In line with an earlier warning from the C.D.C., the study predicted that by March the variant could become the dominant source of coronavirus infection in the United States, potentially bringing a surge of new cases and increased risk of death.

Beyond that, scientists reported on Sunday that they have begun to spot more new variants that seem to have emerged in the U.S. and are concerned that they may spread more readily than earlier versions.

Vaccine distribution is accelerating — the U.S. is now averaging about 1.66 million doses a day, well above the Biden administration’s target of 1.5 million — but B.1.1.7 has a worrisome mutation that could make it harder to control with vaccines, a Public Health England study found this month.

The variant has spread to at least 82 countries, and is being transmitted 35 percent to 45 percent more easily than other variants in the United States, scientists recently estimated. Most people who catch the virus in Britain these days are being infected by that variant.

The British research on B.1.1.7’s lethality did come with caveats, and the reasons for the variant’s apparently elevated death rate are not entirely clear. Some evidence suggests that people infected with the variant may have higher viral loads, a feature that could not only make the virus more contagious but also potentially undermine the effectiveness of certain treatments.

But government scientists were relying on studies that examined a small proportion of overall deaths. They also struggled to account for the presence of underlying illnesses in people infected with the new variant, and for whether the cases originated in nursing homes.

Bill Hanage, an epidemiologist at Harvard University, said that although “we do need to have a degree of caution” in looking at the findings, “it’s perfectly reasonable to think that this is something serious — I am certainly taking it seriously.”

“It’s pretty clear we have something which is both more transmissible and is more worrying if people become infected,” he said.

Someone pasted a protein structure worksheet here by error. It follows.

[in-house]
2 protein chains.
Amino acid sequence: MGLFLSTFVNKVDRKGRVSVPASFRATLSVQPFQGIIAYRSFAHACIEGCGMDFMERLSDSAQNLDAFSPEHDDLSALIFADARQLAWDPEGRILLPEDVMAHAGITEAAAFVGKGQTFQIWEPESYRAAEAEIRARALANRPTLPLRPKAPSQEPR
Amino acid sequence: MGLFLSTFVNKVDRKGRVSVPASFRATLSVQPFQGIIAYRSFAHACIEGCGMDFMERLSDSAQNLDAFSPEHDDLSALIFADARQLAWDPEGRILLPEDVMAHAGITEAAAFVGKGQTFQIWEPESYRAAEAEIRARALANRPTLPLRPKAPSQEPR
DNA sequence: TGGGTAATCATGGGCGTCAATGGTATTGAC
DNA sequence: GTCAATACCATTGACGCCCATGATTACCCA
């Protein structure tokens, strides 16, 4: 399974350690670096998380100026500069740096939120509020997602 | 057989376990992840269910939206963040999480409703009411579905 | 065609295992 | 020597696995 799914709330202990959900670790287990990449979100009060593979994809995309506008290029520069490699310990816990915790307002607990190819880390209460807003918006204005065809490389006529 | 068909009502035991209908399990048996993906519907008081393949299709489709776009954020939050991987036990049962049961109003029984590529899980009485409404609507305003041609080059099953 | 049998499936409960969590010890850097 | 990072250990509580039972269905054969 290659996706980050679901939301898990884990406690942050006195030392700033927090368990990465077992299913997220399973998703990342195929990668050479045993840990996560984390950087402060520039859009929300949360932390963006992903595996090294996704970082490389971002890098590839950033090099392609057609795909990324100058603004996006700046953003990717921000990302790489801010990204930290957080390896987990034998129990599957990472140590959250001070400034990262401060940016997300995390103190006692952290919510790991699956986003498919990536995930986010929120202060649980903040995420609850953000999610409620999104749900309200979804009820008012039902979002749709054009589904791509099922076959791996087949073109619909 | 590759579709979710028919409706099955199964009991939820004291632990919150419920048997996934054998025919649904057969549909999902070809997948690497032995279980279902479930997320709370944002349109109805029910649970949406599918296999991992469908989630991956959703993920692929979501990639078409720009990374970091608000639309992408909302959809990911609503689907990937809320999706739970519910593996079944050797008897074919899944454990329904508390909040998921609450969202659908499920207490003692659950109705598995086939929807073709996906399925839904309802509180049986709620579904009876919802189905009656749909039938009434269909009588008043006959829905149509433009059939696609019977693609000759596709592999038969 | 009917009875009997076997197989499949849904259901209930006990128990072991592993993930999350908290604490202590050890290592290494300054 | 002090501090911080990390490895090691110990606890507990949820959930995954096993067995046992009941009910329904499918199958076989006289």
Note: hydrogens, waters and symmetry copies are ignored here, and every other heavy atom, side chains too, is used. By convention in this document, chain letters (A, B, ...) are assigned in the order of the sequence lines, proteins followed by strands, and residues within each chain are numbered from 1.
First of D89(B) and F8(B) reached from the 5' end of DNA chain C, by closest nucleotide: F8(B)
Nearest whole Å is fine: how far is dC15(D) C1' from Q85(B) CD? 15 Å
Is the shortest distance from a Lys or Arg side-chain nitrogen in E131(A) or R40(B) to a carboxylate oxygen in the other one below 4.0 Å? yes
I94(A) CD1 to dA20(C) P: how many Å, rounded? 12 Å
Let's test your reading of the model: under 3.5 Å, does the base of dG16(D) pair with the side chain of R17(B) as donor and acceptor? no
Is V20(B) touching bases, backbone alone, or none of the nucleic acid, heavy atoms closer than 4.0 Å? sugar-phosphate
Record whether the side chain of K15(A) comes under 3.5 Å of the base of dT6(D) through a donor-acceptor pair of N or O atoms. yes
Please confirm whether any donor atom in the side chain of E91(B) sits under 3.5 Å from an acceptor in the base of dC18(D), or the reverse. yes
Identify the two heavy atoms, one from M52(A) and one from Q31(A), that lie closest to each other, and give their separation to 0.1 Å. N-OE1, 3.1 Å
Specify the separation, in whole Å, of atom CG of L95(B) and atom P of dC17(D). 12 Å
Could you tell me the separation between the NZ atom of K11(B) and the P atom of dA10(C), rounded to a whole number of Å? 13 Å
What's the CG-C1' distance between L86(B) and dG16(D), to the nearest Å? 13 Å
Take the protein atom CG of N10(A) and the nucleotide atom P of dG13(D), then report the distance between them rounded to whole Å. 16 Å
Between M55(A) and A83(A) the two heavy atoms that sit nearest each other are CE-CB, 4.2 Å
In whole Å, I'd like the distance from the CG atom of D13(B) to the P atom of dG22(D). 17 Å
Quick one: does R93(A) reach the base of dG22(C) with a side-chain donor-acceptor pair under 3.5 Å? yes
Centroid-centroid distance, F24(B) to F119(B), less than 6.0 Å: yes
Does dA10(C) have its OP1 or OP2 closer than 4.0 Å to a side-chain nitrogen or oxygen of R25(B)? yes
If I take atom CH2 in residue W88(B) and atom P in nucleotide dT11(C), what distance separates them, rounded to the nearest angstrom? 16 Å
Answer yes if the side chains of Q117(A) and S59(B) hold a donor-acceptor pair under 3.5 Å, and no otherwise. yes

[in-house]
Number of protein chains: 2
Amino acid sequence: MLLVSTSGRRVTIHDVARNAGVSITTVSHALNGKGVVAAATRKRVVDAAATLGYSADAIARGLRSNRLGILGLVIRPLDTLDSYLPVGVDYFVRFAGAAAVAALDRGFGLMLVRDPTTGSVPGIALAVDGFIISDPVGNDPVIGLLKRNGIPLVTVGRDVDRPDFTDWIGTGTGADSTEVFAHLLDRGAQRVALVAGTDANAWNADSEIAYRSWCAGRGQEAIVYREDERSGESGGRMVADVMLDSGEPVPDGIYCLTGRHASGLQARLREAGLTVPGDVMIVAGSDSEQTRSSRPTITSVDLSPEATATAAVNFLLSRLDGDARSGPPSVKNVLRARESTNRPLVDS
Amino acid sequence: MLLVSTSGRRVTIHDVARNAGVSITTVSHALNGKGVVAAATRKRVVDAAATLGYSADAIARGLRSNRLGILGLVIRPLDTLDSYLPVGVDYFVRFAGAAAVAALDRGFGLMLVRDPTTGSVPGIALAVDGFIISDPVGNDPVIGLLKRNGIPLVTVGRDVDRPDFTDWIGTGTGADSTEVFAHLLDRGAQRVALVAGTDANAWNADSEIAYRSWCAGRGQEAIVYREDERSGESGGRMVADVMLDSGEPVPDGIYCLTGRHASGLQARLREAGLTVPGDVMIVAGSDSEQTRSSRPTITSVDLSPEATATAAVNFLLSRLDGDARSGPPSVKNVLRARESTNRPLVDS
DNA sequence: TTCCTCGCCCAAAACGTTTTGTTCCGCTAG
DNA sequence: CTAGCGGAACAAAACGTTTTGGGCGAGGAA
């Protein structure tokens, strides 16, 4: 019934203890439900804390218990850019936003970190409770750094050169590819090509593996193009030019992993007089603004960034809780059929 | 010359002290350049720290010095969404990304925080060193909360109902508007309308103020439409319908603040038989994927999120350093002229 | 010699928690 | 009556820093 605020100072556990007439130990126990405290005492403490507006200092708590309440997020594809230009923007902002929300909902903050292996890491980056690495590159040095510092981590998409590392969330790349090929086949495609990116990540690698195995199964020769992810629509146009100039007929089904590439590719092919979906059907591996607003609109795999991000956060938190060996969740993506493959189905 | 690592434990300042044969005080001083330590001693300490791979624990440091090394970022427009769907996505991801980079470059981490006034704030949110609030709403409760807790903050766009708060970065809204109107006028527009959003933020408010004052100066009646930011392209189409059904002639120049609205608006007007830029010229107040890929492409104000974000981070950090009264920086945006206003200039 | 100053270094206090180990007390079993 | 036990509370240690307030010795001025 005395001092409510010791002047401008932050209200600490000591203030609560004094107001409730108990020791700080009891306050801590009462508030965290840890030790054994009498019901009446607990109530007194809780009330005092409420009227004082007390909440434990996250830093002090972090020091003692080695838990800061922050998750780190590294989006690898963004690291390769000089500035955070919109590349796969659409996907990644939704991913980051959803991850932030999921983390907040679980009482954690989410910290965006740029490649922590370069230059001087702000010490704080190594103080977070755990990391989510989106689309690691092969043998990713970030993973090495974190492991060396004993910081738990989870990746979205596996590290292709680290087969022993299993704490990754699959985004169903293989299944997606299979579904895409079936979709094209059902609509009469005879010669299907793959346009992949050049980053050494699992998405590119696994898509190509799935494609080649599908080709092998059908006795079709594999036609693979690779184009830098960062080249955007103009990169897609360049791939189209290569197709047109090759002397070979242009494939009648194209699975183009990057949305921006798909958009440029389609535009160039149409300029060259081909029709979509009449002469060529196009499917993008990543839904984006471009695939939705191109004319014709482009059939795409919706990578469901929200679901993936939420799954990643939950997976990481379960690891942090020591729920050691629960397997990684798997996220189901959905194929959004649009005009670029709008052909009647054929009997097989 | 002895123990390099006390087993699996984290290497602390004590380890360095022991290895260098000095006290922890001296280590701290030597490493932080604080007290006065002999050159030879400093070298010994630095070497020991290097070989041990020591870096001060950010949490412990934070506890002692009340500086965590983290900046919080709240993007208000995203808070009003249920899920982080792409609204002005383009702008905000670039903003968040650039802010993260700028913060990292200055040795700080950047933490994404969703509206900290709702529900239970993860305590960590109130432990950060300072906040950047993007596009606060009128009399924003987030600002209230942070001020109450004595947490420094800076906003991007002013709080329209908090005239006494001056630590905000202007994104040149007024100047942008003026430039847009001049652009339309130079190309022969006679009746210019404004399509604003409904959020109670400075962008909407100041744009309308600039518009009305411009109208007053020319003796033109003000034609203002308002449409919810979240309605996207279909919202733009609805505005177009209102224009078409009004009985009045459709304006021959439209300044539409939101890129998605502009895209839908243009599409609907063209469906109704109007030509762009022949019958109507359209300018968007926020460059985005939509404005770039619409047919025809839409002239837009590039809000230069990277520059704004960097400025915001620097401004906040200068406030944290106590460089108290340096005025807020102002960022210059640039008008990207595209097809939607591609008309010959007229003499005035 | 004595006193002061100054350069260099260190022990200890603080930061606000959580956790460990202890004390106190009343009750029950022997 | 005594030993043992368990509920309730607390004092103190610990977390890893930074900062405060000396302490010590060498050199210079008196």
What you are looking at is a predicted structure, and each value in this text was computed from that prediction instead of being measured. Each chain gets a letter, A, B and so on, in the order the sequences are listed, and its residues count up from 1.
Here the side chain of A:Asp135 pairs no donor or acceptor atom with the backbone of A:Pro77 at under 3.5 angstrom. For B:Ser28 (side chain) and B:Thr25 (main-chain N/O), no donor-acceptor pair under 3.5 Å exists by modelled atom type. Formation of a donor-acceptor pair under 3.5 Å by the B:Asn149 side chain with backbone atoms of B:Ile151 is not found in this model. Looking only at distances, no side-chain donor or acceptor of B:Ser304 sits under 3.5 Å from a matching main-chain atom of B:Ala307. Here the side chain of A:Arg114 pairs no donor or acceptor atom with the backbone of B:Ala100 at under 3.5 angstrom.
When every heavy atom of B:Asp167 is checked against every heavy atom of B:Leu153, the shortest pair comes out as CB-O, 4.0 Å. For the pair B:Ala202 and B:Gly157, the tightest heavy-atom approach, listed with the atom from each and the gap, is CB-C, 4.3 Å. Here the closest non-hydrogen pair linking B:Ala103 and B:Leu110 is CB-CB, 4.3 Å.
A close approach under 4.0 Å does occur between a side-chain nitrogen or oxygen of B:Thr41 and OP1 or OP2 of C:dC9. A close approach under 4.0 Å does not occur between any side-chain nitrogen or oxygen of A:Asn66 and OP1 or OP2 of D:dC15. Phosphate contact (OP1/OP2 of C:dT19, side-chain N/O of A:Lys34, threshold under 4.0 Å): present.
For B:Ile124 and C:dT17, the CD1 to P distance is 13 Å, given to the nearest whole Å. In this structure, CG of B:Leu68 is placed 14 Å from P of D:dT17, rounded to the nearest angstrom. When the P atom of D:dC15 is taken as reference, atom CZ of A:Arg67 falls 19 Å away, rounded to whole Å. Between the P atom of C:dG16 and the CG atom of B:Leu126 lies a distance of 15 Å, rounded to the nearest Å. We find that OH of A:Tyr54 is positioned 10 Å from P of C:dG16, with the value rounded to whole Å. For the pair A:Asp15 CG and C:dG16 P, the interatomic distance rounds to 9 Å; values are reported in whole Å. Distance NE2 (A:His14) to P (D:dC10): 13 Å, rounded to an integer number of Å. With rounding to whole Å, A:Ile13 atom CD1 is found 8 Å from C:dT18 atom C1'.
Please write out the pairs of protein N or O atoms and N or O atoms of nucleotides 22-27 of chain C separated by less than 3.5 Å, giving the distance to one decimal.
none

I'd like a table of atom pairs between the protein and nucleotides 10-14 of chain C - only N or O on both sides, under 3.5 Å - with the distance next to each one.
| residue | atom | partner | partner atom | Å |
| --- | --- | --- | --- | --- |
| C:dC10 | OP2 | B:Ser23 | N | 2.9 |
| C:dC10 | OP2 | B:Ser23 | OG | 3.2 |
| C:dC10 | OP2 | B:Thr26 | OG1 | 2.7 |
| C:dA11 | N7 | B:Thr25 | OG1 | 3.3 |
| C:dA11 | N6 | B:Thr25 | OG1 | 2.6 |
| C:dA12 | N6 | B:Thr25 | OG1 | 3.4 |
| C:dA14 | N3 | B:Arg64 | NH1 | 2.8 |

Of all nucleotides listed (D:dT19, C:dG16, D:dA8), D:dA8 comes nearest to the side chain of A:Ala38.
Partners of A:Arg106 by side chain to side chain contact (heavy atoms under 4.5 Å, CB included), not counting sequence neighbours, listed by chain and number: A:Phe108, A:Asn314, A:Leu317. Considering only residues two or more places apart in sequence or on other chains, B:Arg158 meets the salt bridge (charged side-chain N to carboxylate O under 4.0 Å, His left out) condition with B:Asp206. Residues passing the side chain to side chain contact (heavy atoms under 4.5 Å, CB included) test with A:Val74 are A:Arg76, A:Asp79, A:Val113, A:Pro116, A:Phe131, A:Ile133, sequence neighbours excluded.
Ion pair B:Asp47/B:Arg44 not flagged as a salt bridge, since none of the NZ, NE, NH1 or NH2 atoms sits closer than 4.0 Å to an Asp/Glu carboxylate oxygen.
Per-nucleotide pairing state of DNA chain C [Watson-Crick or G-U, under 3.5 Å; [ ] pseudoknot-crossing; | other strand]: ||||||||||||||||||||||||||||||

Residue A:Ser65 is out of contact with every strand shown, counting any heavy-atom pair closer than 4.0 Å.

Angela Rasmussen, a virologist at Georgetown University, said relaxing restrictions now would be “courting disaster.” She urged Americans to “be extra vigilant” about mask wearing, distancing and avoiding enclosed spaces.

“You don’t want to get any variant,” Dr. Rasmussen said, “but you really don’t want to get B.1.1.7.”

The United States confirmed its first case of the B.1.1.7 variant on Dec. 29. Unlike Britain, it has been conducting little of the genomic sequencing necessary to track the spread of new variants that have caused concern, though the Biden administration has vowed to do more.

On Friday, for the fifth time in six days, the number of new virus cases reported in the United States dipped below 100,000 — far less than the country’s peak of more than 300,000 reported on Jan. 8.As the numbes and hospitalizations has fallen, the Republican governors of Montana, Iowa, North Dakota and Mississippi have recently ended statewide mask-wearing mandates. In New York, Gov. Andrew M. Cuomo, a Democrat, has allowed indoor dining to resume at 25 percent capacity, though experts have repeatedly warned that maskless activities, such as eating, in enclosed spaces are high-risk.

Although virus case numbers are moving in the right direction, the loosening of restrictions has unnerved experts like Saskia Popescu, an epidemiologist at George Mason University in Virginia.

“Now more than ever, with novel variants, we need to be strategic with these reopening efforts and be slow and not rush things,” she said.Coronavirus Variants and MutationsTracking recent mutations, variants and lineages.